So what does one do with the term “World Music”? Does it, for example, include any sounds performed by persons haling from the West Midlands, as remixer / classically trained musician TJ Rehmi does? If this is so, are UB40 World Music? Is Black Sabbath? Is The Streets. And, what about Toyah? It’s a mystery. I’m still searching for the truth.
It’s likely that such ethnographic musings are of no concern to TJ Rehmi, who did, after all, call his first EP The Fusionist. Rehmi is a man as much at home with electronica as the nascent stylings of his heritage, not to mention a fondness for breakbeat tomfoolery. Such cross-cultural alchemy has made for some of pop’s most joyous sound clashes. And with Rehmi’s credentials, there’s no reason why The Warm Chill can’t be the Philospher’s Stone of cultural meltdown.
Except it isn’t.
There were two warnings. Firstly, the pacifying oxymoron of the album title. Secondly, the worrisome fact that this set is released through Dharma Moon, a label that markets directly to the ever-growing leotard legion of yoga practitioners. If Rehmi isn’t targeting the cultural dilettante, then Dharma Moon certainly are.
Much of The Warm Chill passes by without galvanising those under-used ear drums into motion. And while there’s nothing inherently artless about ambience per se, The Warm Chill is much closer to that most dead-end of ambient by-products, New Age. There’s just too much Economy Drive warmth, too little iceberg chill, and it beggars the question, what exactly was wrong with the Old Age anyway?
Perfumed, to pick one track of too many, speaks of a debt to Incantation. Aja, is less an ode to sunshine, as an ode to hi-fi in-store demonstration music. When someone (Rehmi himself we presume) whispers “come on” into the mix, you find yourself screaming back “feel the noize!”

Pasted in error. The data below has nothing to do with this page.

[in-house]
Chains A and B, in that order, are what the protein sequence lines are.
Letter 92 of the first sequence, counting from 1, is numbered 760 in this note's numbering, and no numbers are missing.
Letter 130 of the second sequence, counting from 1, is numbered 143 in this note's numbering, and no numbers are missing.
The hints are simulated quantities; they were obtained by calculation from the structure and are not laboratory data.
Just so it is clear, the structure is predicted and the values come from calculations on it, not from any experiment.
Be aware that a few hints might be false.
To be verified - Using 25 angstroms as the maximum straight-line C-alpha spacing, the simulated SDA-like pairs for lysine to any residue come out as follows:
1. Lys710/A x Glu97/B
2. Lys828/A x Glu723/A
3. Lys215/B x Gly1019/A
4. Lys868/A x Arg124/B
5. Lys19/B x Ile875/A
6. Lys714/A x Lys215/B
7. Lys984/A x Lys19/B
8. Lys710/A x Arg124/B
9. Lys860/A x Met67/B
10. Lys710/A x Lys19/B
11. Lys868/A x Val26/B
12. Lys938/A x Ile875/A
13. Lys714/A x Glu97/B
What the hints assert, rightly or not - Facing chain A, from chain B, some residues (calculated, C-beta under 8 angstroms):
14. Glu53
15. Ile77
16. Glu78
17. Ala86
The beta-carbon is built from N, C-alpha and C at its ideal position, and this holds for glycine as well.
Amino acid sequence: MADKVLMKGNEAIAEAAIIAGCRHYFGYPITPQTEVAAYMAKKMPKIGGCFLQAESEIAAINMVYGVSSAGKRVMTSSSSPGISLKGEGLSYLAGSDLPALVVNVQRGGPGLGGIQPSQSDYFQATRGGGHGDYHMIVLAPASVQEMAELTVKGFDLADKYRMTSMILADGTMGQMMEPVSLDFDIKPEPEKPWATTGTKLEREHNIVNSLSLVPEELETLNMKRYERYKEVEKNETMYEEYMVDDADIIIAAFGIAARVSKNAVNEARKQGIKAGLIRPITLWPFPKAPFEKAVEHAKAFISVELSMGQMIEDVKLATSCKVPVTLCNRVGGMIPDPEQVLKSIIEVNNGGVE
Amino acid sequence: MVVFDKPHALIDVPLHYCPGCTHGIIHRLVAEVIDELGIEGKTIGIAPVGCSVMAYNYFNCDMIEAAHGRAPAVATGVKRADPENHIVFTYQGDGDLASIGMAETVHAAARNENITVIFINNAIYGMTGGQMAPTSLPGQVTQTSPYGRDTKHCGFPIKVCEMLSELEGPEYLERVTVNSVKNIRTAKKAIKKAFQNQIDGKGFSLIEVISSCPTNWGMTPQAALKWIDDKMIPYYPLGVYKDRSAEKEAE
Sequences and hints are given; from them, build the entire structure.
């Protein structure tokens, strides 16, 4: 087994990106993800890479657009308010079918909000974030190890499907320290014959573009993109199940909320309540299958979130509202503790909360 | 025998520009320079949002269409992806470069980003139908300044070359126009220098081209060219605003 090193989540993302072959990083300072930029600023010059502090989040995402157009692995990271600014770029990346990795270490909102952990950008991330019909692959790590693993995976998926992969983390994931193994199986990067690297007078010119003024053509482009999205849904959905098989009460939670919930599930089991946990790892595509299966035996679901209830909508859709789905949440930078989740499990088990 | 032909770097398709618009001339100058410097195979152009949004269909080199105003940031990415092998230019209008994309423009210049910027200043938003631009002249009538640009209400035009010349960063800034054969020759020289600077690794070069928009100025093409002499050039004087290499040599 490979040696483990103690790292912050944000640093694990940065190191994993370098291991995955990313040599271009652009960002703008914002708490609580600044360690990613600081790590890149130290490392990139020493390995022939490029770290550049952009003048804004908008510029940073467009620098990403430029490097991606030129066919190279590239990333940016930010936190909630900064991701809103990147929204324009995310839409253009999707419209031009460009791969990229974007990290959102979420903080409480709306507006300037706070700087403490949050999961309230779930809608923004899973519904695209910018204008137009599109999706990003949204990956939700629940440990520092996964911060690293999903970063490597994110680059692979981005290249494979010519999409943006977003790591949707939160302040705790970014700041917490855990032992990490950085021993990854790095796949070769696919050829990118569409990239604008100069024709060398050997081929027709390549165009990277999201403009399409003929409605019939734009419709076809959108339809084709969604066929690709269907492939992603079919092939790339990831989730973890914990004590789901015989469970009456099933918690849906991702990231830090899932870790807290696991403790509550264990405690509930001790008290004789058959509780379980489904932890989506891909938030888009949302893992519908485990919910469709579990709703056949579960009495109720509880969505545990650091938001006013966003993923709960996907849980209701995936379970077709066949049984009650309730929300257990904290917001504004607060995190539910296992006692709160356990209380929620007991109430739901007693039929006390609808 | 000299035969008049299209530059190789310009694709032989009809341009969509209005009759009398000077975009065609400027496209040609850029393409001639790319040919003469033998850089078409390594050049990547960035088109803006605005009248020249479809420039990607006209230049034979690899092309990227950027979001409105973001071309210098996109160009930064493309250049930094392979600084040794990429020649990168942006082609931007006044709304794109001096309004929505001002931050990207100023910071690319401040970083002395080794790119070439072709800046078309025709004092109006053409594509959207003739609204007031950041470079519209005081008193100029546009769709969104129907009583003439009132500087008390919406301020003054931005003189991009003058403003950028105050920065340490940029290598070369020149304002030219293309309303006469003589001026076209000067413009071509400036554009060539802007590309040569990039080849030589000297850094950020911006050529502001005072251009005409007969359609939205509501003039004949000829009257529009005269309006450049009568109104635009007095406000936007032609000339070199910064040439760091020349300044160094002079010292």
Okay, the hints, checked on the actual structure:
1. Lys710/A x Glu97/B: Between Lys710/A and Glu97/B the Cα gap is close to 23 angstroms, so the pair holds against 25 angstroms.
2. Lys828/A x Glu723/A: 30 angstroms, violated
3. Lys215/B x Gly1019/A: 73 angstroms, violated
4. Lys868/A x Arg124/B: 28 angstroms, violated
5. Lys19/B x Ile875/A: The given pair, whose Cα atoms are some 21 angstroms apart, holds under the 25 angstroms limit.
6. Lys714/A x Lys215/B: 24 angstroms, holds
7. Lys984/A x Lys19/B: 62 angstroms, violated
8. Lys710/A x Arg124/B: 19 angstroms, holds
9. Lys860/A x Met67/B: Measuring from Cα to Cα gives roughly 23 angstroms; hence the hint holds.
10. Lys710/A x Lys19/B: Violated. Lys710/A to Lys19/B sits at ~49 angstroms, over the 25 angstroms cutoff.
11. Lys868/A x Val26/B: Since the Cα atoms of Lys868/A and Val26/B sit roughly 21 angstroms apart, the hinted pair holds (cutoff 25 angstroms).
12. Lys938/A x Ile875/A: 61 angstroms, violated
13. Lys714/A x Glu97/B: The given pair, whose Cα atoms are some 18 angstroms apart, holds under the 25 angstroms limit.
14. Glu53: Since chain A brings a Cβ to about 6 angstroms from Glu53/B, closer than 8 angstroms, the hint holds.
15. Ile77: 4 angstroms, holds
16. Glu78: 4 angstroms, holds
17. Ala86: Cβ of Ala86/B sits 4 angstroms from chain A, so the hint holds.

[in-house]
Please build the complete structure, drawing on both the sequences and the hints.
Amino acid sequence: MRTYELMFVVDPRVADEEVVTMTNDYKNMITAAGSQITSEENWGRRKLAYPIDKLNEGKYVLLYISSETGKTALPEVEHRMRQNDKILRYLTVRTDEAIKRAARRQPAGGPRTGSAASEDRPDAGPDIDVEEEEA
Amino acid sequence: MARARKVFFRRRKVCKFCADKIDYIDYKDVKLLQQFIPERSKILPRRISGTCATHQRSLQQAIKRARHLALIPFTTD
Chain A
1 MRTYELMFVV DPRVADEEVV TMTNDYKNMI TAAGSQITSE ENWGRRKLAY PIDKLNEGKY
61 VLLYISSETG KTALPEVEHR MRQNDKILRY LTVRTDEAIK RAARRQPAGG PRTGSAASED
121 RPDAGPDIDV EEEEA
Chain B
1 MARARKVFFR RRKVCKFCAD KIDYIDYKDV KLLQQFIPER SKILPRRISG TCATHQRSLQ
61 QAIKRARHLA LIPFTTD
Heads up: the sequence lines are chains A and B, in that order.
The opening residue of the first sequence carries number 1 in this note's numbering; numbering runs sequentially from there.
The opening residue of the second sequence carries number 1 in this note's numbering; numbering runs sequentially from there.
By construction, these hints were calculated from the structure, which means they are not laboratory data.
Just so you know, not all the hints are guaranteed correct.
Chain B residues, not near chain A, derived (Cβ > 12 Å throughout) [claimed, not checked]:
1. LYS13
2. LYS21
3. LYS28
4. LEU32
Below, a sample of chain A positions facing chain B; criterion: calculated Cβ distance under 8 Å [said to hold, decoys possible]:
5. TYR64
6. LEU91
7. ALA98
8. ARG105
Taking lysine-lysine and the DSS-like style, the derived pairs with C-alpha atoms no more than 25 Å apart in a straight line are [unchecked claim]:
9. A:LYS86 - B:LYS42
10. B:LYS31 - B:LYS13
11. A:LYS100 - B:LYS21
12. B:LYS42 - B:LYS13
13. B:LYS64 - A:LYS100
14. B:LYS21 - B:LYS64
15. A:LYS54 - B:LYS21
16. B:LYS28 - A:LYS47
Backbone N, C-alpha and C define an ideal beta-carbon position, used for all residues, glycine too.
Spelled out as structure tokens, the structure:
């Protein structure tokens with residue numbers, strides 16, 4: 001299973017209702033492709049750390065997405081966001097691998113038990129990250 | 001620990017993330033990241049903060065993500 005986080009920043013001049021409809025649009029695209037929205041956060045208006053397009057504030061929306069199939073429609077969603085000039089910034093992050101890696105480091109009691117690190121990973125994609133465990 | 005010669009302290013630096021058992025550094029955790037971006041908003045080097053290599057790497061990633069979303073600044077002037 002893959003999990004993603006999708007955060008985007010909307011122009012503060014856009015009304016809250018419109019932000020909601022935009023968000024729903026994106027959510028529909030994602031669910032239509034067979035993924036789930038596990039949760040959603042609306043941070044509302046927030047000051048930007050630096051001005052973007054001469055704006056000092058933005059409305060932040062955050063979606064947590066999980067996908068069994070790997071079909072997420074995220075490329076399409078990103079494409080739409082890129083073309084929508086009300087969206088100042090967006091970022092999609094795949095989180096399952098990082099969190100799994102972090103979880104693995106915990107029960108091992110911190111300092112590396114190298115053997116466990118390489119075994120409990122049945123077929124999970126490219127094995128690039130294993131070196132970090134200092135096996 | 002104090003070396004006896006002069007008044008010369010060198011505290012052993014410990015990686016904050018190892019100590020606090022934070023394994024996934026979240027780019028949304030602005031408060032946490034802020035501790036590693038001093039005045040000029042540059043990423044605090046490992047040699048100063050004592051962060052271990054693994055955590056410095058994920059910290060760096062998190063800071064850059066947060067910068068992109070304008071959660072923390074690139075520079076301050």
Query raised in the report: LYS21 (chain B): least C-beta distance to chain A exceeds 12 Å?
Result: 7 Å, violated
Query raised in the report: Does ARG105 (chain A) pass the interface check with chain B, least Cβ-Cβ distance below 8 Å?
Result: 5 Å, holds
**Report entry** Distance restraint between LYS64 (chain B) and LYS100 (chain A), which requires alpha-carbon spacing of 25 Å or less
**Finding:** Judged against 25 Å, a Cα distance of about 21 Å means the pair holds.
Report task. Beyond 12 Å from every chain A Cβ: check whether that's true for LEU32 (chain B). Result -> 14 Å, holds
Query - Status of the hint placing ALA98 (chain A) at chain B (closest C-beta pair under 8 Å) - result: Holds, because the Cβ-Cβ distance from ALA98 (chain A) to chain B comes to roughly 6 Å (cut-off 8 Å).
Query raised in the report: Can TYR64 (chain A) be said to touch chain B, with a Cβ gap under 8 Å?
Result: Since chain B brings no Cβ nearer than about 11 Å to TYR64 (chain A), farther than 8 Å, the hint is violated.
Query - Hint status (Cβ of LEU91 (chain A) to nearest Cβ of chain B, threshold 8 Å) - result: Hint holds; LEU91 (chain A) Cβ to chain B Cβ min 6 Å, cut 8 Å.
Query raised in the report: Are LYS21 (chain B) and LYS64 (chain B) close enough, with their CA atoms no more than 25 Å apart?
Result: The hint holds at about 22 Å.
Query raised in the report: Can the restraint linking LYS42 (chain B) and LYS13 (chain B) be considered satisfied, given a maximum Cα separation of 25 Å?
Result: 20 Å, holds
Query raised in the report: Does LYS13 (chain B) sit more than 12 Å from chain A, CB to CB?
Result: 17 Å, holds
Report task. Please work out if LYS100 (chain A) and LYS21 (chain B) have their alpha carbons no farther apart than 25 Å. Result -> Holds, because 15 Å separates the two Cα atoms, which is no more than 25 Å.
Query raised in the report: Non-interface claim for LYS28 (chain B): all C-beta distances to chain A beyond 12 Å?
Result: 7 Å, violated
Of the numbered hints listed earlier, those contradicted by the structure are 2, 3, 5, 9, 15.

The Warm Chill does throw up some curiosities along the way though. Asmaaniac references some weird folk music and comes kinda close to Bubba Sparxx Deliverance territory. Xcentric hits the right notes, the shifting sands of its dub-electronica and slo-mo breakbeat forming a convincing emotive whole rather than random unrelated sounds floating through the ether. On Lone Rider, Rehmi’s jazz guitar really does weep rather than drip crocodile tears.
Altogether, The Warm Chill is just too clean, too precise in its intentions, to really transport you to a state of suburban bliss-out, if that’s your bag. There’s also a strong whiff of works-in-progress about this record, that Rehmi saves his serious stuff for his other labels. This is an album recommended for those who take the “All You Can Eat” option at the Caf� Del Mar.